Pe =
Column both ends fixed
Pe =
Column one end fixed other end hinged
Pe =
.
Slenderness ratio =
Pressure vessels
For cylindrical portion
Hoop or circumferential stress
σc =
Longitudinal stress
σl =
For spherical portion
Hoop or circumferential stress
σc =
 The thickness of the cylinder walls must be
approximately 2.4 times that of the hemispheroid
ends for no distortion of the junction to occur.
FOS (factor of safety) =  (for ductile materials)
FOS (factor of safety) =  (for brittle materials)
FOS (factor of safety) =  (for variable loading)
For constant
loading
Machine design - Fundamentals
Combination of
loading
Axial stress and bending stresses are out of plane stresses.
σ resultant = σ axial + σ bending
Direct shear and torsional shear stresses are in plane stresses
τ resultant = τ direct + τ torsion
Types of loading
Pure shear
 Under pure shear, ductile materials will fail in 0° plane and brittle
materials will fail in 45° plane. Because, at 0° plane shear stress is
maximum and at 45° plane normal stress is maximum.
Eccentric loading
Eccentric loading always induce two types of stresses simultaneously in the
same cross section.
Theories of failure
Maximum principal stress theory (Rankine’s theory)
=
Whichever is maximum
Note: Principal stress theory is suitable for brittle materials.
Maximum shear stress theory or Tresca’s criterion
[ − ] [ − ] [ − ] =
Whichever is maximum
This theory is suitable for ductile materials.
Maximum principal strain theory
− [ + ] or − [ + ] or − [ + ] =
(Whichever is maximum)
Maximum distortion energy theory (or) Von Mises stress theory
σ1
2
+ σ2
2
+ σ3
2
- σ1σ2 - σ2σ3 - σ3σ1 = σy
2
This theory is suitable for ductile materials.
Total strain energy theory
σ1
2
+ σ2
2
+ σ3
2
- 2υ (σ1σ2 + σ2σ3 + σ3σ1) = σy
2
Comparison of Max shear stress theory and Von Mises theory
Stress concentration
Theoretical stress concentration factor
Kt = =
Fatigue stress concentration factor
Kf = 1 + q[Kt – 1]
Kf = Kt for q = 1 (material is fully sensitive to notches)
Kf = 1 for q = 0 (material has no sensitivity to notches)
Notch sensitivity
q = (Kf – 1) / (Kt – 1)
q =
In general notch sensitivity varies from 0 to 1.
Types of variable
loading
Low cycle fatigue:
Any fatigue failure when the number of stress cycles are
less than 1000, is called low cycle fatigue.
Examples: Failure of studs on truck wheels, failure of set screws for locating
gears on shafts, short lived components like missiles.
High cycle fatigue:
Any fatigue failure when the number of stress cycles are
more than 1000, is called high cycle fatigue.
Examples: Failure of springs, ball bearings and gears that are subjected to
fluctuating stresses.
Variable loading
 mean stress;  amplitude stress
= ; =
 yield stress;  endurance limit
n  factor of safety
Soderberg line equation
+ =
 mean shear stress ;  amplitude shear stress
 yield shear strength;  endurance limit in shear
+ =
Modified Goodman line equation
[ + ] =
[ + ] =
Welded joints
Throat dimension = 0.707 leg
t = 0.707 h
Riveted joints
Design of helical
springs
Shear stress equation
τ =
Deflection of a spring
y =
Stiffness of a spring
q =
Strain energy stored in a spring
U =
Wahl’s factor
K = +
.
Combined stiffness (k) for springs in parallel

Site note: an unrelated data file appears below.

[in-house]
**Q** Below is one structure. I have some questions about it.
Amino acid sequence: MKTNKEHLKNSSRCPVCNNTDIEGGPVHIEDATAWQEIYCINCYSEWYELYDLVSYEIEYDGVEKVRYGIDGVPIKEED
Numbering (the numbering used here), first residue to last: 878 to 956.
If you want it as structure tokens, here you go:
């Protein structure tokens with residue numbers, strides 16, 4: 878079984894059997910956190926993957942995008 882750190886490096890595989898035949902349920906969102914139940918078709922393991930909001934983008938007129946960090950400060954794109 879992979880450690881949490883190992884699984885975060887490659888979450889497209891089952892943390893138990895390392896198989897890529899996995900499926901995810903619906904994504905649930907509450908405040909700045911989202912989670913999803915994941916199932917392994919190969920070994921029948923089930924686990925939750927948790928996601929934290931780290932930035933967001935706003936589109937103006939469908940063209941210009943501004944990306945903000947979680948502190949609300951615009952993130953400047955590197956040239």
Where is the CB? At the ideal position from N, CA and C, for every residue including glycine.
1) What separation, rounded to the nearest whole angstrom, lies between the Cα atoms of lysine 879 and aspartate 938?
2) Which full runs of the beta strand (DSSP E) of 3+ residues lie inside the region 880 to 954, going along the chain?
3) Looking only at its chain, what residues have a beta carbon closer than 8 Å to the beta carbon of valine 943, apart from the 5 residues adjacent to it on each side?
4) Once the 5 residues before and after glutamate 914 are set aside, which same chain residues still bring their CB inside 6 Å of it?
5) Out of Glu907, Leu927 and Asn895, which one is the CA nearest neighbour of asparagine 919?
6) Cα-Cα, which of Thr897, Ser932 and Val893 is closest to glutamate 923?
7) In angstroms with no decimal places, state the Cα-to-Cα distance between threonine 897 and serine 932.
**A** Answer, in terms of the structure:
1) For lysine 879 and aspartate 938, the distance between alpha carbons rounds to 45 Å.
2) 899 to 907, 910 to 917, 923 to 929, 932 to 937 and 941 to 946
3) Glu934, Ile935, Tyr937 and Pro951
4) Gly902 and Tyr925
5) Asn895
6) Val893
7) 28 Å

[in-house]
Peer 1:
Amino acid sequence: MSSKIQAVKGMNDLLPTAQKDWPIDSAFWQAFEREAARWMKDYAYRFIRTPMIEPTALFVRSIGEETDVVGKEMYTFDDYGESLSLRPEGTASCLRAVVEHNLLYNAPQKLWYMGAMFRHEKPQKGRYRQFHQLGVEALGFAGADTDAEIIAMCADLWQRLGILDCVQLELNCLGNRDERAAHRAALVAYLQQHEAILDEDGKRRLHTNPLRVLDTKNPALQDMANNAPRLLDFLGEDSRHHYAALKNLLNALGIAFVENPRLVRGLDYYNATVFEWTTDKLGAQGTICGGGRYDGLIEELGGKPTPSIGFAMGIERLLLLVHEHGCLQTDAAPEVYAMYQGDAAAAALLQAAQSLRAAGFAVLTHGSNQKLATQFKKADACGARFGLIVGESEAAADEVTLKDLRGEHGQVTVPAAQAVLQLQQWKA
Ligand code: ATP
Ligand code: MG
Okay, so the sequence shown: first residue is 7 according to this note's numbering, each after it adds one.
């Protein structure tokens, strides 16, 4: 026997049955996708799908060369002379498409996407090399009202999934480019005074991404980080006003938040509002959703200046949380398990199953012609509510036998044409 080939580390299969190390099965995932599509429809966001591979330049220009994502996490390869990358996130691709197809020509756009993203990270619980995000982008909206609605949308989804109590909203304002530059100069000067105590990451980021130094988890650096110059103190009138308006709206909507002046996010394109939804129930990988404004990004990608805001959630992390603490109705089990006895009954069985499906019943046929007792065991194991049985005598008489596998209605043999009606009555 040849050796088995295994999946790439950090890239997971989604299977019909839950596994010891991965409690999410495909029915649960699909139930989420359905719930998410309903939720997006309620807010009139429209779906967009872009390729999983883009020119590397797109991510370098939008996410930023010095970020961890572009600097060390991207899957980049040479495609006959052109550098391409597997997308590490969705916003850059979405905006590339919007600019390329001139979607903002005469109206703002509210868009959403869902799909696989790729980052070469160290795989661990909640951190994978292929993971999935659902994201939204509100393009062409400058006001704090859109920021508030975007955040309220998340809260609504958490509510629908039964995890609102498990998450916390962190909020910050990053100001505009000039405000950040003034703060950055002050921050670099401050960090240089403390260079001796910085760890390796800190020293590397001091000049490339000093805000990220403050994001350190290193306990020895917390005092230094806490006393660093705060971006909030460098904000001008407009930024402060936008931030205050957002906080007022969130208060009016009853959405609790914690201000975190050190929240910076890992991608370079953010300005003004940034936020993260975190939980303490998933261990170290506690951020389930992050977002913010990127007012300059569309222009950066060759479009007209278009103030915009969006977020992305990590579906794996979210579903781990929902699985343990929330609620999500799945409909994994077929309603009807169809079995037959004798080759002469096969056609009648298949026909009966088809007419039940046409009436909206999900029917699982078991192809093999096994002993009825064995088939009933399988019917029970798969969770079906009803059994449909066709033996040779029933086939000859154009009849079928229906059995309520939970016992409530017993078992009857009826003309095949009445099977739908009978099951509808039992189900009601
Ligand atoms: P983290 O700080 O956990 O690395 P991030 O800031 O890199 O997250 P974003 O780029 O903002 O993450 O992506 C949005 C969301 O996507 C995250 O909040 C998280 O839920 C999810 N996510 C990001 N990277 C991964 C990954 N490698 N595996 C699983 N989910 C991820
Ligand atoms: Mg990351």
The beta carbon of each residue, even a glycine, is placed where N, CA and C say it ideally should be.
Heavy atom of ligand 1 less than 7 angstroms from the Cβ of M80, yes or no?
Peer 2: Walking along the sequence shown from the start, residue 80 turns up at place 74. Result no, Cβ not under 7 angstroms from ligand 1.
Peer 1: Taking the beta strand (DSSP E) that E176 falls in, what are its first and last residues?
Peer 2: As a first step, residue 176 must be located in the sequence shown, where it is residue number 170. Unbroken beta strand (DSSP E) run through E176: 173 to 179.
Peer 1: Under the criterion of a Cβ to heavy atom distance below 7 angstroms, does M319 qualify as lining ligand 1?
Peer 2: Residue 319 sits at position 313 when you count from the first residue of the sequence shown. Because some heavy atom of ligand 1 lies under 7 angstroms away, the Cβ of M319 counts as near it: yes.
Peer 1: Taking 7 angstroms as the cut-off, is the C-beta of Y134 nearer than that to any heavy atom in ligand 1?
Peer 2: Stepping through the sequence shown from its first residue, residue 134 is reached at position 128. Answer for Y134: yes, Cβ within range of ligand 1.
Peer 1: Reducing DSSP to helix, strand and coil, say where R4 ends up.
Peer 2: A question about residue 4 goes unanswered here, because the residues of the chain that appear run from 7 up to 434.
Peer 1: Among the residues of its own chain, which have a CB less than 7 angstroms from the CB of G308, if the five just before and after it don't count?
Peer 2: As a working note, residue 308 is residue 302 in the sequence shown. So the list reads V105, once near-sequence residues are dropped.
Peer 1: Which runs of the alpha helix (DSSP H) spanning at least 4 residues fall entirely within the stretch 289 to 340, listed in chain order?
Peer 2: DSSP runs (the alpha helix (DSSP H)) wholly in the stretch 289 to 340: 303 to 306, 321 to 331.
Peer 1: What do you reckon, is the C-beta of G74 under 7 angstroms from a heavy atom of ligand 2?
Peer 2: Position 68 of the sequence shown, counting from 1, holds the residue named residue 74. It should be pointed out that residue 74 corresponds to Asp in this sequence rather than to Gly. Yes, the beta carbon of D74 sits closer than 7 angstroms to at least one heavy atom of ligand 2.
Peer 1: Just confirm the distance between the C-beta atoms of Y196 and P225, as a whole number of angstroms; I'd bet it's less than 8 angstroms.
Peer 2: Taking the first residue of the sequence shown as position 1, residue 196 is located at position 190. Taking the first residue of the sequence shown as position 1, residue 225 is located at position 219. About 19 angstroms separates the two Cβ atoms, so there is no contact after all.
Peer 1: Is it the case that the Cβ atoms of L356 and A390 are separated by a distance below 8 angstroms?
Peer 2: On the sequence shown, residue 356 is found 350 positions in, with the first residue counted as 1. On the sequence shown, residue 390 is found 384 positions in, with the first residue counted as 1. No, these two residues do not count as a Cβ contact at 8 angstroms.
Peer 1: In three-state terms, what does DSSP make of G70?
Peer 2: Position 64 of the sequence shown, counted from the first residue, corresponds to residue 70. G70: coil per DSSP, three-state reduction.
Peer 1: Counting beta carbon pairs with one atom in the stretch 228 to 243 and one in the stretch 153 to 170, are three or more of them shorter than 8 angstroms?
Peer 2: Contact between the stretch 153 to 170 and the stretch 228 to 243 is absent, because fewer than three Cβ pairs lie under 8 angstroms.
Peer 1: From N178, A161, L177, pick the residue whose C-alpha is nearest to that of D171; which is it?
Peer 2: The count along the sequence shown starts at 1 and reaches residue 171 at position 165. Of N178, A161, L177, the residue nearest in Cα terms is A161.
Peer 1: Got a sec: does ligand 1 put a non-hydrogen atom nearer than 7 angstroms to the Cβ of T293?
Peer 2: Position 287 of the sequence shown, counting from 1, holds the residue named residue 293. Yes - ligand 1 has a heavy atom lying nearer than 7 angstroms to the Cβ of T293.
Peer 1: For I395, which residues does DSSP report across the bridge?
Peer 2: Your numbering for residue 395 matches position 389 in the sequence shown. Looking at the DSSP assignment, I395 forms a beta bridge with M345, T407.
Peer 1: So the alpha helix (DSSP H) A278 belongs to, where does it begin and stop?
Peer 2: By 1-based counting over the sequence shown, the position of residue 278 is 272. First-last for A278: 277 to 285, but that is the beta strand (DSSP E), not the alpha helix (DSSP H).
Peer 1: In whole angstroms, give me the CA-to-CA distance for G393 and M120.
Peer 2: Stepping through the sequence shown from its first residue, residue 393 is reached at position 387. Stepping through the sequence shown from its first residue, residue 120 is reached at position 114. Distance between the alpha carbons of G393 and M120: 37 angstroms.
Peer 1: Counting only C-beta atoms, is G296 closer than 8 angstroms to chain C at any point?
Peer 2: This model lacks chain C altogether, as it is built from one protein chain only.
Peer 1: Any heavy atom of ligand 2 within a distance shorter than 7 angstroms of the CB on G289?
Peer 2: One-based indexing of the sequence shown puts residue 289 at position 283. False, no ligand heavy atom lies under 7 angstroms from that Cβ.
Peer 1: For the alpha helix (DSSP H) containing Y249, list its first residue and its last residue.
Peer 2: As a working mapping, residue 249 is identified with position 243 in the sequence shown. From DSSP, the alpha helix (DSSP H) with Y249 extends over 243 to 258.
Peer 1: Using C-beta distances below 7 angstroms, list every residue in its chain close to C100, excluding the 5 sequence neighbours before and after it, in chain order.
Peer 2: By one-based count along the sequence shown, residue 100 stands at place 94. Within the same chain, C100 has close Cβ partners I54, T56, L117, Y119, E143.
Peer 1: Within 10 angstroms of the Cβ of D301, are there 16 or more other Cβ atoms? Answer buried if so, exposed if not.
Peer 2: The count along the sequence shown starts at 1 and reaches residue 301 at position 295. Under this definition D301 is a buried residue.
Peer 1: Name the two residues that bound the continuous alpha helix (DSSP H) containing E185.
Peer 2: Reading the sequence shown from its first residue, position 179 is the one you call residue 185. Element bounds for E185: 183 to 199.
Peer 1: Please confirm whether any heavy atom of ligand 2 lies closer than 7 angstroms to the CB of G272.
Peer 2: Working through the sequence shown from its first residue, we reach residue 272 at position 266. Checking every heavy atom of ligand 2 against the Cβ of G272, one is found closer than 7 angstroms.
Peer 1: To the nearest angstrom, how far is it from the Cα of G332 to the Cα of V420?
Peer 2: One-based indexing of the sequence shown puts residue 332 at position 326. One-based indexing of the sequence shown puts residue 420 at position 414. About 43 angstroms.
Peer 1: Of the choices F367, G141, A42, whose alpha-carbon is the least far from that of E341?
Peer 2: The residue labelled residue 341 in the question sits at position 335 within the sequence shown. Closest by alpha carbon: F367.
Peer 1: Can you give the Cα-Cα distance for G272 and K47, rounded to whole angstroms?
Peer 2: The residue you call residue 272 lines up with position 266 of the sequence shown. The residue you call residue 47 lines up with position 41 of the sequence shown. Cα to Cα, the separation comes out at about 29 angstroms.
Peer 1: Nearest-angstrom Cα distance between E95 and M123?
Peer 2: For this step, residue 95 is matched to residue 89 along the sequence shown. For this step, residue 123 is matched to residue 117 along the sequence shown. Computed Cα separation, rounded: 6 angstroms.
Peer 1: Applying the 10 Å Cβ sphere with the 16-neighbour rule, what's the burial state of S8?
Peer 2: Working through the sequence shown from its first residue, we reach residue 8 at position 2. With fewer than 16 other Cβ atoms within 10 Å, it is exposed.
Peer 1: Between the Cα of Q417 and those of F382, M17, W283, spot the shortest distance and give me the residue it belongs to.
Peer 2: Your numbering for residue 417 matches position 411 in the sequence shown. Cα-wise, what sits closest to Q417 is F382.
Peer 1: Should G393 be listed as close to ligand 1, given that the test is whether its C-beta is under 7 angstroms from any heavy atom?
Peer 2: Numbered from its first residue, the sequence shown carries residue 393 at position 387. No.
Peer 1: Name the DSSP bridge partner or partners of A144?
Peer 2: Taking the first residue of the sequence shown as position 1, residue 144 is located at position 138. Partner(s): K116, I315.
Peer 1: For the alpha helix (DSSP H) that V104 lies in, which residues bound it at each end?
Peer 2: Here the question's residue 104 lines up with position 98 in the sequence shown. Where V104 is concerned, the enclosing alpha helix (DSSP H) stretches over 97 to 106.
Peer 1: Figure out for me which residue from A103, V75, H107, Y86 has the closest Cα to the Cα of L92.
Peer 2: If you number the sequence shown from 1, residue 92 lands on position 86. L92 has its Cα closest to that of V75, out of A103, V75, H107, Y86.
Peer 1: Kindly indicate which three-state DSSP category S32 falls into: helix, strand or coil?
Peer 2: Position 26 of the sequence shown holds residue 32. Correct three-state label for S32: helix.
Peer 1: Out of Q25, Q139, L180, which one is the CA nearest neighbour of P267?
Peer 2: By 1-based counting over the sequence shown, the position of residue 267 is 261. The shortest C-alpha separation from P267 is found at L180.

k = k1 + k2
Combined stiffness for springs in series
= +
Springs under
variable loading
=
−
+
Mean shear stress =
Amplitude shear stress =
Leaf springs
=
Deflection y =
Design of flywheel
Fluctuation of energy
ΔE = I Ks ω2
Coefficient of fluctuation of speed
Ks =
Rolling contact
bearing
Life of a bearing in revolutions
L = 60 × Lh × N
Dynamic load carrying capacity
Journal bearing
Sommerfield number
S = ^2
Materials and Manufacturing
1. Crystal structure  Ferrite (Body Centered Cubic BCC), Austenite (Face
Centered Cubic), Martensite (Body Centered Tetragonal BCT)
2. Ferrite stabilizers – Chromium, Molybdenum
3. Austenite stabilizers – Nickel, Nitrogen
4. Cementite  Fe3C (Iron carbide)
5. Pearlite ferrite + cementite
6. Bainite plate like microstructure created by austempering of steel
7. Fe-C contains less than 0.8% Carbon  hypo eutectoid steel
8. Fe-C contains greater than 0.8% Carbon  hyper eutectoid steel
9. Range of carbon percentage in steel and cast iron
Carbon percentage range for steel 0 to 2%
Carbon percentage range for cast iron  2 to 6.7%
10. Annealing  Heating the metal above recrystallization and cooling inside the
furnace itself (Also called stress relieving)
11. Normalizing Austenitizing of steel at a particular temperature
(usual normalizing temperature ranges from 815°C to 980°C) and cooling in air
12. Tempering Achieving toughness by decreasing the hardness
13. Case hardening  hardening the outer layer of steel
14. Nitriding Heat treatment that diffuses nitrogen into the surface of metal
15. Stainless steel SS 304L  18% chromium, 8% Nickel (L – stands for low carbon
less than 0.03%)
16. Function of riser  Feed molten metal to casting
17. Casting defects
Misrun  Insufficient fluidity of the molten metal; Cold shut  Two streams of
liquids are not fuse properly;
18. Chills are used in casting to achieve directional solidification
19. Disposable patterns  Polystyrene
Expandable pattern  Investment casting
20. Solidification time calculation in casting
Solidification time is inversely proportional to thermal diffusivity of the mould
material
21. Diagram of casting process
22. Centrifugal casting  Impurities are collected at the inside diameter of the cast
parts  used to produce fine grain structure
23. Skim bob  To collect light impurities in the molten metal of casting;
24. Chaplets To prevent core movement due to buoyancy;
25. Green sand (Mould contains moisture) moulding  Uniform ramming leads to